That brings to mind Amma’s unbending nature – not willing to make compromises or major adjustments. Having had her own way all her life, expecting a major change on her part, according to her, was asking for too much! Little wonder that she’d argue on and on with a child-like stubbornness and defiance throwing logic to the winds – the opponent would be driven to the wall and forced to give up! If anyone could boast of giving her a stiff resistance – at times – it was her brother and her son! It is indeed to her credit that she managed to live her life on her own terms – independent, not cowed down by circumstances - till the very end – Providence was on her side – she was very lucky in death – sudden and as painless as can be.
One admirable trait of hers was her complete honesty – she spoke nothing but the truth even if she were to sound harsh or blunt! She was not afraid of anyone or anything. This trait enabled her to cling on to her independence even when she was not in the best of health - she had tremendous will power. A negative trait was her habit of ‘worrying’. She always needed something to worry about – never mind whether it was major or minor. So we’d be content to let her chew the cud of a trivial issue rather than solve it – you see, that would be giving her a chance to find some other ‘botheration’. She never learnt not to worry about issues which are beyond our control. She loved to be unreasonable, I think. Her extraordinary attachment to Madras, especially her ‘Karpagam Avenue’ house even after a decade may seem unnatural to others but only she knew her emotions best. She was lucky to have spent two months in Madras (though not in the best of health) and got to meet all relatives before leaving the world.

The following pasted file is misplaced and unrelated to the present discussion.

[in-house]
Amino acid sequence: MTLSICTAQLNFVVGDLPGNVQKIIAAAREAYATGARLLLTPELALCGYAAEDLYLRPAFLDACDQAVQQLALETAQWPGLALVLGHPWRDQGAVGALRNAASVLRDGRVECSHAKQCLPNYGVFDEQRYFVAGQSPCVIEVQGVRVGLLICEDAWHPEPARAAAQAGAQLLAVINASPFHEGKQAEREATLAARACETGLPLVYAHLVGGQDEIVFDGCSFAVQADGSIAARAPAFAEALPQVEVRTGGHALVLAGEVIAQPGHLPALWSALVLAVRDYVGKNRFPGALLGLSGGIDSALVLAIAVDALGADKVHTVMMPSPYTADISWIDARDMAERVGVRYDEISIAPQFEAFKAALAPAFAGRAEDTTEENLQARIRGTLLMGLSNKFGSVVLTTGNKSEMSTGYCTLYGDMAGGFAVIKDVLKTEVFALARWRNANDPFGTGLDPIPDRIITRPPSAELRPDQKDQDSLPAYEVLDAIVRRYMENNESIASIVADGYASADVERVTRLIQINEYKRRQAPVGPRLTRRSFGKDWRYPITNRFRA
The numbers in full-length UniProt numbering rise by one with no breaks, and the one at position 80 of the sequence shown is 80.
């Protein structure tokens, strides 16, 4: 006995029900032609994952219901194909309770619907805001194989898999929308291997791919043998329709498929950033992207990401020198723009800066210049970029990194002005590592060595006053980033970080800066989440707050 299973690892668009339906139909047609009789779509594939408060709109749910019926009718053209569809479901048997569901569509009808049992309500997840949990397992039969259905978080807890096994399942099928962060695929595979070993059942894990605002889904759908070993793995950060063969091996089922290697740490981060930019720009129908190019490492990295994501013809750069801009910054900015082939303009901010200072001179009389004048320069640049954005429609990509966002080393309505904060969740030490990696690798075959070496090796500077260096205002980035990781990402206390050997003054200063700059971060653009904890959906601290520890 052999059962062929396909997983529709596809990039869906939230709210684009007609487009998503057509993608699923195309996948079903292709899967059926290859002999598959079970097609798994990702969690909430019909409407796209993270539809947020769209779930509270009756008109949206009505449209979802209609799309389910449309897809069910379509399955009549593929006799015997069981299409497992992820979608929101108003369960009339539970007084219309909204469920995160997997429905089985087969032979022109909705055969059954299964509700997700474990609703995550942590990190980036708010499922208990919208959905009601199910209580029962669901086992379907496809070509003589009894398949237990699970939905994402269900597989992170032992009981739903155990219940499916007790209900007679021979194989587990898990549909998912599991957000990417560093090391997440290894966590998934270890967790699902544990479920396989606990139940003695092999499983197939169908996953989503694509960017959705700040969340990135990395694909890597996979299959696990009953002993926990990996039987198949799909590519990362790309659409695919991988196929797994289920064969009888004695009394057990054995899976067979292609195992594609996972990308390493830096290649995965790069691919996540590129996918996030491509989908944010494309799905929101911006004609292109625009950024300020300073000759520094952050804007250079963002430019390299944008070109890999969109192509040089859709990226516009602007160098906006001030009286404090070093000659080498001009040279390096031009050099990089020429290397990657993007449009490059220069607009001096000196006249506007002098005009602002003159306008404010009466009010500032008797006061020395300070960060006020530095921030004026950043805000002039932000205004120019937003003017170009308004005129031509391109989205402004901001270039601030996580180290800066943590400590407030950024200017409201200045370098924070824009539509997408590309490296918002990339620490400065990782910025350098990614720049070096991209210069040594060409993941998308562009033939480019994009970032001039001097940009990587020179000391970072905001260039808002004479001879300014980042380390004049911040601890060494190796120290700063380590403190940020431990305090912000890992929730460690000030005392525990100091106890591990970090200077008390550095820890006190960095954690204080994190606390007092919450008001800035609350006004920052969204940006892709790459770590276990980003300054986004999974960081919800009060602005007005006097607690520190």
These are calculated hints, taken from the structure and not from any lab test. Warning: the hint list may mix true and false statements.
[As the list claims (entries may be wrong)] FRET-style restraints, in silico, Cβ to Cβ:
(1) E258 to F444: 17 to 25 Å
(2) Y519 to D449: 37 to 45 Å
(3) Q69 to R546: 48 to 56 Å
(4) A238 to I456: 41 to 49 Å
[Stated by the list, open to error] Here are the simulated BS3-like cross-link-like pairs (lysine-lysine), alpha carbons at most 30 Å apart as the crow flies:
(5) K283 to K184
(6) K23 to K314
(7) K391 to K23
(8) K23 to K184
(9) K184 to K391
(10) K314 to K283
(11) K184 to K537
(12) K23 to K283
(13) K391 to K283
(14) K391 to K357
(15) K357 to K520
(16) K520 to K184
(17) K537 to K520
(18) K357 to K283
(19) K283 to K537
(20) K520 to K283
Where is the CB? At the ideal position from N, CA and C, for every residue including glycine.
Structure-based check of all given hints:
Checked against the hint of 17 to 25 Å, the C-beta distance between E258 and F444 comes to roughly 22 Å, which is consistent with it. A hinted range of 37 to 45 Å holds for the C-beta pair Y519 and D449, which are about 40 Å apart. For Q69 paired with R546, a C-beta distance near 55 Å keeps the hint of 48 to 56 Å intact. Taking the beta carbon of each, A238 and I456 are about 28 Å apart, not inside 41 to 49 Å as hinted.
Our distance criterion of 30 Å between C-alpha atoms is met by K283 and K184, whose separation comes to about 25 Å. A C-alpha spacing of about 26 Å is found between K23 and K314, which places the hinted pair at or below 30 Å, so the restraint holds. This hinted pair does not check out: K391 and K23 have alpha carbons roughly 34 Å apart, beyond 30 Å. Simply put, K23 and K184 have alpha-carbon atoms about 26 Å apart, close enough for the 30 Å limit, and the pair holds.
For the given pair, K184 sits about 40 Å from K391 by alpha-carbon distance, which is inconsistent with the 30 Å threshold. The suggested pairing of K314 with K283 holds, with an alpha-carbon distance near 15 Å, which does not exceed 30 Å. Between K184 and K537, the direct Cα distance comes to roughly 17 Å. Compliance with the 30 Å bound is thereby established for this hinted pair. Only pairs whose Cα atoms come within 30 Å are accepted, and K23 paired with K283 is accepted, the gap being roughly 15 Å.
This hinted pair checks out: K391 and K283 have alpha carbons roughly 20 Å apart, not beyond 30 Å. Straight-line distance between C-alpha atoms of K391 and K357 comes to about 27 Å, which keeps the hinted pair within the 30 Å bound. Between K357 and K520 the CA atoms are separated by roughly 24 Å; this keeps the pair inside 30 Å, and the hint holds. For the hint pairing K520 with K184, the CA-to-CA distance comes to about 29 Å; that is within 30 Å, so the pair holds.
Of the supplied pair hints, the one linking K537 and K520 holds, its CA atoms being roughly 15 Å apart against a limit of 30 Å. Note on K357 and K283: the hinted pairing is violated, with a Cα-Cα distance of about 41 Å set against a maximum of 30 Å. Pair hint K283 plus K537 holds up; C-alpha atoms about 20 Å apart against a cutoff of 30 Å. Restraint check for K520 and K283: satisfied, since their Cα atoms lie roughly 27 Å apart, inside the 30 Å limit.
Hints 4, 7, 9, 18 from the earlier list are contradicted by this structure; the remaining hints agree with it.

Amma knew a little bit of everything and she would make a thousand and one queries before making a decision (she tried her best to postpone her decisions). She was definitely very clever. The younger generation may ridicule her caution and calculative planning but the fact cannot be denied that the family has only benefited from that. She wanted the worth of every penny she spent. She knew what to give who and when and she was pretty generous. But she wouldn’t be taken for a ride – never.
She was very prim and proper and wanted everything in place. I still remember the court of enquiry she’d conduct at home when we were kids to convict the culprit responsible for – say - the missing needle. To avoid getting charge sheeted, we’d resolve to get a dozen needles. We have realized over the years that she had a point – the more the stock on hand, the more careless we tend to become!
Amma’s chapter is over. Her demise has left a big void in my life – a mother’s place is definitely unique and irreplaceable. I won’t hear her “vaayendi, leave taane onakku”. I won’t have to put up with her ‘killing‘hospitality – offering this and that every ten minutes and saying at the end of it –“onakku pasikkaradho ennavo.” I won’t have pangs of guilt rebutting her impossible fervent appeal, “oru naal koodi irunduttu poyen”. I won’t have to use my strategy – telling her about my ‘two-day’ trip if I had planned for three days – and pretend to give in to her appeal so both wouldn’t be losers!
It is rightly said that we crave for something all the more when we lose it! Amma’s has become closer to me after she was gone – ‘her presence is felt more in her absence’!

© Copyright 2011. Brinda Balasubramonian.


1 comment:

  1. This was a lovely read, Brinda. Your mother was one of the kindest people I have known, and I will always remember her warm hospitality and genuine happiness at seeing me, every time I visited her.
    Kamini.